My heart breaks. Obviously I knew he was getting old. I knew this day would come eventually. But still. My heart breaks.

See another Rocky-centric post here.


Responsible Pet Ownership

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Let me tell you a little story about our dog, Rocky.

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Rocky is an incredible dog. Well-behaved, intelligent, and loyal. One of the best.

But when he was a puppy he was T.E.R.R.I.B.L.E.

 

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I distinctly remember at least 2 separate instances when I was this.close to taking him back to the pound (he was a rescue dog).

He got into everything! He had an insane amount of energy and regardless of how many walks, trips to the dog park, and hours spent playing fetch, he could never get it all out. He’d come inside and just destroy everything!

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As a puppy he did all of the following things: (1) ate a hole through a wood door large enough to walk through, (2) ate an entire leather cushion from a couch, (3) ate through chicken wire, (3) ate a friend’s hat, sunglasses, and shoes as the friend was sleeping on our couch.

This just scratches the surface. He was destructive. And he ate everything.

So one day we’re at home and Rocky starts freaking out. He starts running in circles around our living room at lightening-speed. Then he stops, starts staggering side-to-side like he’s drunk and about to fall down, then he goes right back to running (repeating the run-stagger cycle over and over).

Hubs (boyfriend at the time – this was 10 years ago) and I watched in shock of what was going on. Even for our high-energy Rocky boy, this was crazy behavior. Something was wrong.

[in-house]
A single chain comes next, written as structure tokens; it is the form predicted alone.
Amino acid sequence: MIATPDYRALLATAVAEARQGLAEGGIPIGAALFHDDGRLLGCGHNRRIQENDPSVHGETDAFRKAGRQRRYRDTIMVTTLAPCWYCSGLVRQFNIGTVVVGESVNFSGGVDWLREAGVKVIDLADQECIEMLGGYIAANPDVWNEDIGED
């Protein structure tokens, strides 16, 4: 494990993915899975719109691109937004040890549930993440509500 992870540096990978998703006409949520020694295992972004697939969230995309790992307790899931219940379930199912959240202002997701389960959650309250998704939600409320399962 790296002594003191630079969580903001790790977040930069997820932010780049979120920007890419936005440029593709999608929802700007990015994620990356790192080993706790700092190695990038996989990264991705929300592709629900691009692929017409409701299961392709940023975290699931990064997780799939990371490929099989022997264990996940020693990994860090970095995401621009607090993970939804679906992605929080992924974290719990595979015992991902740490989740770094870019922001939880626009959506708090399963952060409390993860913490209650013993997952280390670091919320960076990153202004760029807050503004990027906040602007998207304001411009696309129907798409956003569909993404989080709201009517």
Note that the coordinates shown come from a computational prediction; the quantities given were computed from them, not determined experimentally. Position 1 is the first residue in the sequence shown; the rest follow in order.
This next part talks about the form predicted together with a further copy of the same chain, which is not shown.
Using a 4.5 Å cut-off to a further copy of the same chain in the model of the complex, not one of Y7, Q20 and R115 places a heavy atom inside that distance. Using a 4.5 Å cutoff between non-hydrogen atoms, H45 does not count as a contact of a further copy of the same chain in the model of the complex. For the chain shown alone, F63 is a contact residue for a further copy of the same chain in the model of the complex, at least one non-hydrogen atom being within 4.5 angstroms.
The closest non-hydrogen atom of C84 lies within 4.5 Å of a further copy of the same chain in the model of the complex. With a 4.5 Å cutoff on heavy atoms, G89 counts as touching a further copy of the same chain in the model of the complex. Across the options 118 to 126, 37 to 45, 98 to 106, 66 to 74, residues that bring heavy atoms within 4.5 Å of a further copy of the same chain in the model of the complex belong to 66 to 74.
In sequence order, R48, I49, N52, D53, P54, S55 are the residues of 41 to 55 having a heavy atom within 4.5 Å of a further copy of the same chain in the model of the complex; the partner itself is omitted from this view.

At one of the staggering intervals, husband grabbed Rocky and scooped him up in his arms. We ran to the car and drove as fast as we could to the vet clinic just up the road. This was not our usual vet, but we had just moved and this was the closest vet to our new place. We knew we needed help fast.

Once there the vet got to work right away. She pumped his stomach, but didn’t find anything too unusual (I say “too unusual” because she did find some t-shirt material and padding from our patio furniture – true story – but those items would not have caused his behavior). The vet, obviously an animal lover, was not kind to us. She basically accused us of having drugs lying around that he surely must have ingested. Absolutely not! We were not drug-doing type of people!

An overnight stay and several hundred dollars later, we were able to bring Rocky home. Never figured out what was wrong, but he ended up being okay.

Fast forward 2 weeks. We realized what Rocky must have gotten into.

I was in college at the time and it was finals week. I’d been having a lot of anxiety and my relative-to-remain-nameless (since I’m describing a felony and all) gave me a couple of Xanax pills. Obviously not prescribed to me. But my relative thought it would help me relax enough to do well on my exams (I had bad test anxiety at the time). I never did end up taking the pills. They were wadded up in a paper napkin and had been thrown on a kitchen counter. Eventually I forgot about them all together. Then the napkin disappeared (aka: Rocky got ahold of it), and I never even thought twice about it. It is not a usual thing for us to have drugs (prescription or illegal) lying around so it never even crossed my mind.

Apparently the vet was right. *cringe*

I tell this story to say that, since this time, being a responsible pet owner has been of the utmost importance to me. I’d thought we were responsible pet owners at that time, too, but obviously we hadn’t shielded our eat-everything puppy from the dangers of some prescription pills that were lying casually on the kitchen counter.

And above the ramifications for the pets, themselves, responsible pet ownership pays off financially. Being responsible in this situation (i.e., putting the pills away in a safe place) would have prevented the hundreds of dollars we spent on emergency vet bills that day, not to mention the stress and heartache of thinking we were losing our beloved dog.

Pets can be expensive! But if you’re going to be a pet owner, being a responsible one is important.

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Have you had any scary pet crises? How much did the ordeal cost you?

Have you owned a rambunctious pet before? Our dog is THE BEST now, but those first 2 years of his life were pretty rough! ; )